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The Case of The Toxic Cough Syrup

Dr. Michelle Frank

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February 13, 2023
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The World Health Organization recently issued a health warning for two cough syrups manufactured by India-based pharmaceutical company, Marion Biotech, for containing toxins ethylene glycol and diethylene glycol in surplus amounts1.

In Uzbekistan, 18 deaths among children were linked to these cough syrups2.

This news follows a string of such incidents being reported in 2022 in other countries such as the Gambia3 and Indonesia4

In these cases, ingestion of these toxic chemicals has resulted in 300 deaths, often due to kidney failure5.

This is not an isolated incident. Deaths linked to the use of diethylene glycol as a solvent can be observed as far back as the 1930s6

Why Is Diethylene Glycol Toxic?

Diethylene glycol (DEG) and ethylene glycol have a long history of causing adverse drug reactions, including deaths. 

These adulterants have been used as solvents to make liquid medications. DEG is a cheaper variant of nontoxic substances such as glycerine or propylene glycol, which are commonly used as a liquid base for medications like cough syrups.

The exact mechanism through which DEG works as a toxic compound is not clearly understood. However, there are a few ways it has been postulated to result in fatal consequences. 

When DEG is ingested, it is broken down in the liver to 2-hydroxyethoxy acetic acid (HEAA). Both diethylene glycol and its byproduct HEAA are eliminated by the kidney. This implies DEG, on its own and through its metabolite, can work as a direct toxin to the organs where they are processed and excreted. Additionally, DEG results in anion gap metabolic acidosis, which is a toxic state for the body7.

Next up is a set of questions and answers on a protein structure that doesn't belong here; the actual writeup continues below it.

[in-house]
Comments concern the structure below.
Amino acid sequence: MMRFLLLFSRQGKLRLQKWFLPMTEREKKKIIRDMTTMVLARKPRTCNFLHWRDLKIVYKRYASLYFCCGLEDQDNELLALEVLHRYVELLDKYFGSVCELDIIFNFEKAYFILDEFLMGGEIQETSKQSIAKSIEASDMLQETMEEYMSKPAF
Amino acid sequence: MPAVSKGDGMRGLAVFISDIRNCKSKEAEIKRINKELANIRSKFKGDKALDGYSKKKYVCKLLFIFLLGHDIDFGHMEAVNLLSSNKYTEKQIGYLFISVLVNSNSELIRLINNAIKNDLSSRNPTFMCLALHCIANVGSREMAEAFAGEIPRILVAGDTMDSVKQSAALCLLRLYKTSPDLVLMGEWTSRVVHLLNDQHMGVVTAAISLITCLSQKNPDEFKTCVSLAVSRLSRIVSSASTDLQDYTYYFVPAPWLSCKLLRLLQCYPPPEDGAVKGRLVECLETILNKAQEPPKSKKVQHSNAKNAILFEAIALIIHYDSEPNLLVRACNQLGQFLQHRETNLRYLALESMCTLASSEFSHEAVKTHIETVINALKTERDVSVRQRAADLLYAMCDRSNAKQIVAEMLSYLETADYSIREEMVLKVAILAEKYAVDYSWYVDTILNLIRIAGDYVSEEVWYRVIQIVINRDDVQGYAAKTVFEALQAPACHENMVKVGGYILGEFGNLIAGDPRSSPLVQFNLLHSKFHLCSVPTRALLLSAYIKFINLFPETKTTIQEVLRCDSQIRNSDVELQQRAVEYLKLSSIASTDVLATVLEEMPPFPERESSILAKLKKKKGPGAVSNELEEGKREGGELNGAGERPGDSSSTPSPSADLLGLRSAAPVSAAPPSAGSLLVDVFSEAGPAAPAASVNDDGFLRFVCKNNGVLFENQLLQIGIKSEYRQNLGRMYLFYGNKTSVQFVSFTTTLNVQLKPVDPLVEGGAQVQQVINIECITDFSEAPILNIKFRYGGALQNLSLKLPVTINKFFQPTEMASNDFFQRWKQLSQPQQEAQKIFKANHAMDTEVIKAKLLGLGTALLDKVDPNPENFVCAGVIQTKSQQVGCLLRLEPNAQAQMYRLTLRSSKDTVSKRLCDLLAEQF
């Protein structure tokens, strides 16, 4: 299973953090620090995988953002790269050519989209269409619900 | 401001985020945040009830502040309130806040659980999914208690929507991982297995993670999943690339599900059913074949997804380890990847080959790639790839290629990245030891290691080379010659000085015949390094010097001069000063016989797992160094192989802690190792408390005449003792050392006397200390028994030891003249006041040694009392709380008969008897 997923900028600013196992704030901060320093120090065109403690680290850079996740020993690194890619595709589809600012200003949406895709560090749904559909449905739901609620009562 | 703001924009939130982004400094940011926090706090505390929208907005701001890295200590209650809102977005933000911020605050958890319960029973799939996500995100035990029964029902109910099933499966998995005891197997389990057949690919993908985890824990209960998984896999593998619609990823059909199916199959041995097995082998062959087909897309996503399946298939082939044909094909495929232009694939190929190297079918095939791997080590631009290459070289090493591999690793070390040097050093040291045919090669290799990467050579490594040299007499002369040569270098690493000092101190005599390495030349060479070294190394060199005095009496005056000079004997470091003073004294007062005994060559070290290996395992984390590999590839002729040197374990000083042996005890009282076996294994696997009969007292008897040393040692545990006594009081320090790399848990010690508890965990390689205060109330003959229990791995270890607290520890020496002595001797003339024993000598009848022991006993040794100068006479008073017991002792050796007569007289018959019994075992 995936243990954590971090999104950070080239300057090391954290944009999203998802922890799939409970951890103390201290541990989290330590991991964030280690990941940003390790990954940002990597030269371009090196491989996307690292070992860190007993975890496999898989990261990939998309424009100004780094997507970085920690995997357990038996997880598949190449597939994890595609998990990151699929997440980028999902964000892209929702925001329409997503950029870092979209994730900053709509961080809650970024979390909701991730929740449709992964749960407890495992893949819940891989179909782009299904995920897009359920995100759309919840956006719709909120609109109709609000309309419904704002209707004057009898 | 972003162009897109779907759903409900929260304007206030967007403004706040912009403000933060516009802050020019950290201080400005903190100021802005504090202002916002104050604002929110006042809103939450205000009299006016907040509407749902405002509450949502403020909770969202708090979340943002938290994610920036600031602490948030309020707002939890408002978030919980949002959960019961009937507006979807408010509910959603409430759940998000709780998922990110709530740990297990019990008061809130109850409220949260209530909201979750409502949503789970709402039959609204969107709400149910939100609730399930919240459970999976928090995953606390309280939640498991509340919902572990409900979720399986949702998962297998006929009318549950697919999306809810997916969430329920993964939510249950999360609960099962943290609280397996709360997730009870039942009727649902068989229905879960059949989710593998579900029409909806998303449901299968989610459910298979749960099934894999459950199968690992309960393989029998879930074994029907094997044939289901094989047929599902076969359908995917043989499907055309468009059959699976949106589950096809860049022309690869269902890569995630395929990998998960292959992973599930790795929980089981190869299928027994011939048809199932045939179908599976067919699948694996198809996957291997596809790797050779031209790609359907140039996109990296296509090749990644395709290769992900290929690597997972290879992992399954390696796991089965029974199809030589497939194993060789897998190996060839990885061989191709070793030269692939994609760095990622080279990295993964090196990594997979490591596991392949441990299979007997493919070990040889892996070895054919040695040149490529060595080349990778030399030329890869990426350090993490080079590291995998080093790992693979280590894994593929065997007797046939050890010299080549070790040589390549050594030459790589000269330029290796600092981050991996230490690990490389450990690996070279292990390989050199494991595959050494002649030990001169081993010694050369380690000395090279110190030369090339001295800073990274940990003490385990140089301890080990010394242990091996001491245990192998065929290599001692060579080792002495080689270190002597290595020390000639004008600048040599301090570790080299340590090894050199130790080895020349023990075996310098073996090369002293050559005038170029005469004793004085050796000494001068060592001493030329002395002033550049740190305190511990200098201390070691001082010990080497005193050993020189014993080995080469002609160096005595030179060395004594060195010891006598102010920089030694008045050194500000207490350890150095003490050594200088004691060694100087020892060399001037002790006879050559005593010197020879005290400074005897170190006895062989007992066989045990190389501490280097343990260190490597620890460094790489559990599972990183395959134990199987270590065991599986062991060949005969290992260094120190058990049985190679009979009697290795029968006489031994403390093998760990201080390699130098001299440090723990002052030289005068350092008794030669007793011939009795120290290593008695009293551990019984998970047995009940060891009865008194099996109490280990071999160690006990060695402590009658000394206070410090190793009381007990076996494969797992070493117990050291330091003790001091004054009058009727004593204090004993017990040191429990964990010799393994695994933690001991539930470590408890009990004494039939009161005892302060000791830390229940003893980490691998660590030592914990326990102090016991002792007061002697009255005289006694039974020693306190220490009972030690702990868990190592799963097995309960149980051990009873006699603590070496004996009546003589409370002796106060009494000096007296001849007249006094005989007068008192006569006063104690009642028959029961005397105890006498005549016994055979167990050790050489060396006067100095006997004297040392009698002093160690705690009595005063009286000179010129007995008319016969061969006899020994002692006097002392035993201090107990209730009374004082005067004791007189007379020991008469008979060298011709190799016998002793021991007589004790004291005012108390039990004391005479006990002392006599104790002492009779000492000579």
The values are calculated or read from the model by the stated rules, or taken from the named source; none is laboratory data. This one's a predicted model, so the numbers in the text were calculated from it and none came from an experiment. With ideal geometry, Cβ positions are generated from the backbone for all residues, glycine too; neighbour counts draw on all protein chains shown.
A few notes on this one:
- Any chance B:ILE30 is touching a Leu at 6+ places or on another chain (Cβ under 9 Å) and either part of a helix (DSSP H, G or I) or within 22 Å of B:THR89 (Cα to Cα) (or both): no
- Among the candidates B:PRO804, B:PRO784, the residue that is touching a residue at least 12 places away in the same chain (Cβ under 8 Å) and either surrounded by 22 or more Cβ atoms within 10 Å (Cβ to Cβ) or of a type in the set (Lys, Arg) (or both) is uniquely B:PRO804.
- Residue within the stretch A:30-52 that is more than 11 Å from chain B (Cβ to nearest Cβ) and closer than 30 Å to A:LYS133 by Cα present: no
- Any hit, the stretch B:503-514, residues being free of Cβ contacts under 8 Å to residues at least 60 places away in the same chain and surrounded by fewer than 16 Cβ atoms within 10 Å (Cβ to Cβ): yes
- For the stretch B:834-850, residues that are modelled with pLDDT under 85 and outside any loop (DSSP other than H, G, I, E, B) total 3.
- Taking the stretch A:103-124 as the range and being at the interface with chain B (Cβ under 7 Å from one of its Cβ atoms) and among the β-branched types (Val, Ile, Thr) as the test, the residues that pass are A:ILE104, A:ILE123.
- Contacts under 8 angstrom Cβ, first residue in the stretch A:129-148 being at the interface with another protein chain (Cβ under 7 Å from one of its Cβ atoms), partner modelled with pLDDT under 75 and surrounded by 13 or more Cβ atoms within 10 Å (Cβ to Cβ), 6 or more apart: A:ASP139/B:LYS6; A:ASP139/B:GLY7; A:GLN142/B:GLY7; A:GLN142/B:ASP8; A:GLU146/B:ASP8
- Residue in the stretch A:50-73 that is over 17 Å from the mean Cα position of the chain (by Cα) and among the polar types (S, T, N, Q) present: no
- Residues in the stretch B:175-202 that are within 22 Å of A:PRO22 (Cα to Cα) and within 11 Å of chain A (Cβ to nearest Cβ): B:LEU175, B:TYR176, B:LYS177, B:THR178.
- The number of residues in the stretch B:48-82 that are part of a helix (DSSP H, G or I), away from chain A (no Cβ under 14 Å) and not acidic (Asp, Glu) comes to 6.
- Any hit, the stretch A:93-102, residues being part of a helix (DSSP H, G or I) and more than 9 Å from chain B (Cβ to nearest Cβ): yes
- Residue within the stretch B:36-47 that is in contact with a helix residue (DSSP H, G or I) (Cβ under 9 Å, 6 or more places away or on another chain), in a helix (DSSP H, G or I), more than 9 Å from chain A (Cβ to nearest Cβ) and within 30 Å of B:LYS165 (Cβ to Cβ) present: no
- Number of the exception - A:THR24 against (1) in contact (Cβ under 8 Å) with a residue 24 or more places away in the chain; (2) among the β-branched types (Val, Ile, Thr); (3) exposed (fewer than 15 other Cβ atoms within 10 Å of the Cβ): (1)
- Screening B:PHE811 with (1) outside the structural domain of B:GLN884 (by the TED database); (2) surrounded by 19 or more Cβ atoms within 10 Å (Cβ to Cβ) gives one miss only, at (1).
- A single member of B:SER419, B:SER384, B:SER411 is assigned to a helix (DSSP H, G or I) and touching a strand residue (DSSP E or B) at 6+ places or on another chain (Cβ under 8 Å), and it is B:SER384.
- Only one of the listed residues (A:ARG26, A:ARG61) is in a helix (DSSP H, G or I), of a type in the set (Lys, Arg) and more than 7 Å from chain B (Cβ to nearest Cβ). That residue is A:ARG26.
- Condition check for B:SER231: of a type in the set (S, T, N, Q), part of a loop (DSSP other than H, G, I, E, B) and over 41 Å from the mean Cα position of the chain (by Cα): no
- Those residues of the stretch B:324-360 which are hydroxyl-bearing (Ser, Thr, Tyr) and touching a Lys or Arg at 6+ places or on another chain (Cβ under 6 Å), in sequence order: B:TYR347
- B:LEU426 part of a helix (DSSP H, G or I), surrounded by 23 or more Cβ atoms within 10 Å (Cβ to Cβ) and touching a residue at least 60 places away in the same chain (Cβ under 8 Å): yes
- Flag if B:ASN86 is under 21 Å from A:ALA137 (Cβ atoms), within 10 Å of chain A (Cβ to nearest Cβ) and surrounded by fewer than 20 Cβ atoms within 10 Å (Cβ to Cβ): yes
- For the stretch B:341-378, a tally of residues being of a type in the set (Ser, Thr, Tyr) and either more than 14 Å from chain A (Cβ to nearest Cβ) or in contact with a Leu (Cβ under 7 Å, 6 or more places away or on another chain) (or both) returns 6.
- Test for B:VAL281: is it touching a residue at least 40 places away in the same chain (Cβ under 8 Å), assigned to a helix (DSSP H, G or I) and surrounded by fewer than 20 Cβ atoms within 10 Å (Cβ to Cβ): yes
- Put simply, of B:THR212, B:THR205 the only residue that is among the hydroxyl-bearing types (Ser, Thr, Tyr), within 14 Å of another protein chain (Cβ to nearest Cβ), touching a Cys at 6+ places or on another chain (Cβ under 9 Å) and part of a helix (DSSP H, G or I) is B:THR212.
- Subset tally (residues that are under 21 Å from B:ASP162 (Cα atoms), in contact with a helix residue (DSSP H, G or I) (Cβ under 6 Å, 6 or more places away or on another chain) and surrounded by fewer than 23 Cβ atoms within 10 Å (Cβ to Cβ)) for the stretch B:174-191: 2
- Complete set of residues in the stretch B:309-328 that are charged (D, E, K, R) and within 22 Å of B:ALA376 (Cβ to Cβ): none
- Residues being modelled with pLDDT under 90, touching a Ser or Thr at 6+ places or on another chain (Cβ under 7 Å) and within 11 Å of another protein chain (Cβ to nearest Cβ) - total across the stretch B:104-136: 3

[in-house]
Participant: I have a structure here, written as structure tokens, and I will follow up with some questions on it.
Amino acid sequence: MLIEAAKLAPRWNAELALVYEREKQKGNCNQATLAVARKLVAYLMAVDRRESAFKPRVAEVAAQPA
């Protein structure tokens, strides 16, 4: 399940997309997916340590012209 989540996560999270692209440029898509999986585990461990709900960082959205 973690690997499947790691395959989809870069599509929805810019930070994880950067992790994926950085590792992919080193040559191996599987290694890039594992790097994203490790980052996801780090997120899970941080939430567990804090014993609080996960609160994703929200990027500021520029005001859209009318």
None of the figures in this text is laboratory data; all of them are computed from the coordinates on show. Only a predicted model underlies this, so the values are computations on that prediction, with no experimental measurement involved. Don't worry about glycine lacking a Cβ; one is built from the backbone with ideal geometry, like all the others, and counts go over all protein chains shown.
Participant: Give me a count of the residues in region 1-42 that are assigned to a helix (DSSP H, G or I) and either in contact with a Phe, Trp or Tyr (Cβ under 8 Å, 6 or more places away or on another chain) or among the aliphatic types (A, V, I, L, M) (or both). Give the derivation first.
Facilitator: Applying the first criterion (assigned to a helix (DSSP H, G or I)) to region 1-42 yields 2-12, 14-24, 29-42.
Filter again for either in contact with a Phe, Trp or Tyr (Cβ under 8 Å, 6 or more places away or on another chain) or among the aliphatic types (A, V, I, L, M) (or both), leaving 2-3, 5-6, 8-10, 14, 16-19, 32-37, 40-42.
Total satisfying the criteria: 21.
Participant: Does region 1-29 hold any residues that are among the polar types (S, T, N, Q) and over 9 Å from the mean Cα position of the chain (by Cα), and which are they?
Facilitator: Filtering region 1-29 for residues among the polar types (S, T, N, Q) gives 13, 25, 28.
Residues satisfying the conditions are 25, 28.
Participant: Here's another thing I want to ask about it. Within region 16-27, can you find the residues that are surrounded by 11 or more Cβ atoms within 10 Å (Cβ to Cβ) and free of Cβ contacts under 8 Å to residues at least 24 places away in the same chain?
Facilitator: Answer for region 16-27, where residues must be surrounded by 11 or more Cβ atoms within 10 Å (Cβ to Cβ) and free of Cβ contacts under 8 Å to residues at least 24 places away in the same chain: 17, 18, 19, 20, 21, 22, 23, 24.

Three stages of toxicity can be observed following exposure to toxic levels of diethylene glycol8. First, following the ingestion of DEG, comes inebriation or sedation. Gastrointestinal symptoms, such as nausea, vomiting, and abdominal pain, have also been recorded during the initial stages of poisoning. Following a progressive increase in dose, anion gap metabolic acidosis can develop resulting in subsequent kidney injury. During this stage, death can often result due to renal failure. 

However, if patients are stabilized and do not die, neurological impacts follow. These can be noted around 6 to 12 days following ingestion9. Peripheral neuropathy (damage to nerves beyond the brain and spine), optic nerve injury (damage to the nerves leading to the eyes), cranial nerve deficits (damage to nerves in and around the brain), and quadriparesis (paralysis in all limbs) have been recorded as neurological effects associated with DEG poisoning10.

What Cases Have Been Linked to DEG Toxicity?

The first case of DEG poisoning was recorded in 1937. An elixir sulfanilamide, which is a liquid form of the antibiotic sulfonamide, was developed using diethylene glycol. Following its release, almost 105 deaths were recorded in around 15 states11. Due to this, the Federal Food, Drug, and Cosmetic Act was passed in 193812. This eventually formed the basis for the current Food and Drug Administration Regulations followed today.

Following this incident, many other epidemics of kidney failures from “unknown” causes were documented in countries such as Spain13, South Africa14, India15, Nigeria16, and Bangladesh17.

In Pananma during 2006, the mysterious trail of a toxic cough syrup was reportedly traced back to China18. Arnulfo Arias Madrid Hospital in Panama had an unexpected increase in the number of admissions to the hospital for symptoms contradicting their initial presentation. Patients were recorded to have symptoms similar to a neurological condition Guillain Barré Syndrome (GBS; rapid onset muscle weakness caused by the immune system attacking the nerves). Additional symptoms recorded by these patients included a decrease in urine production – a sign not associated with GBS. The adults who presented appeared to have comorbid conditions, such as diabetes and hypertension, which meant that they were taking various medications.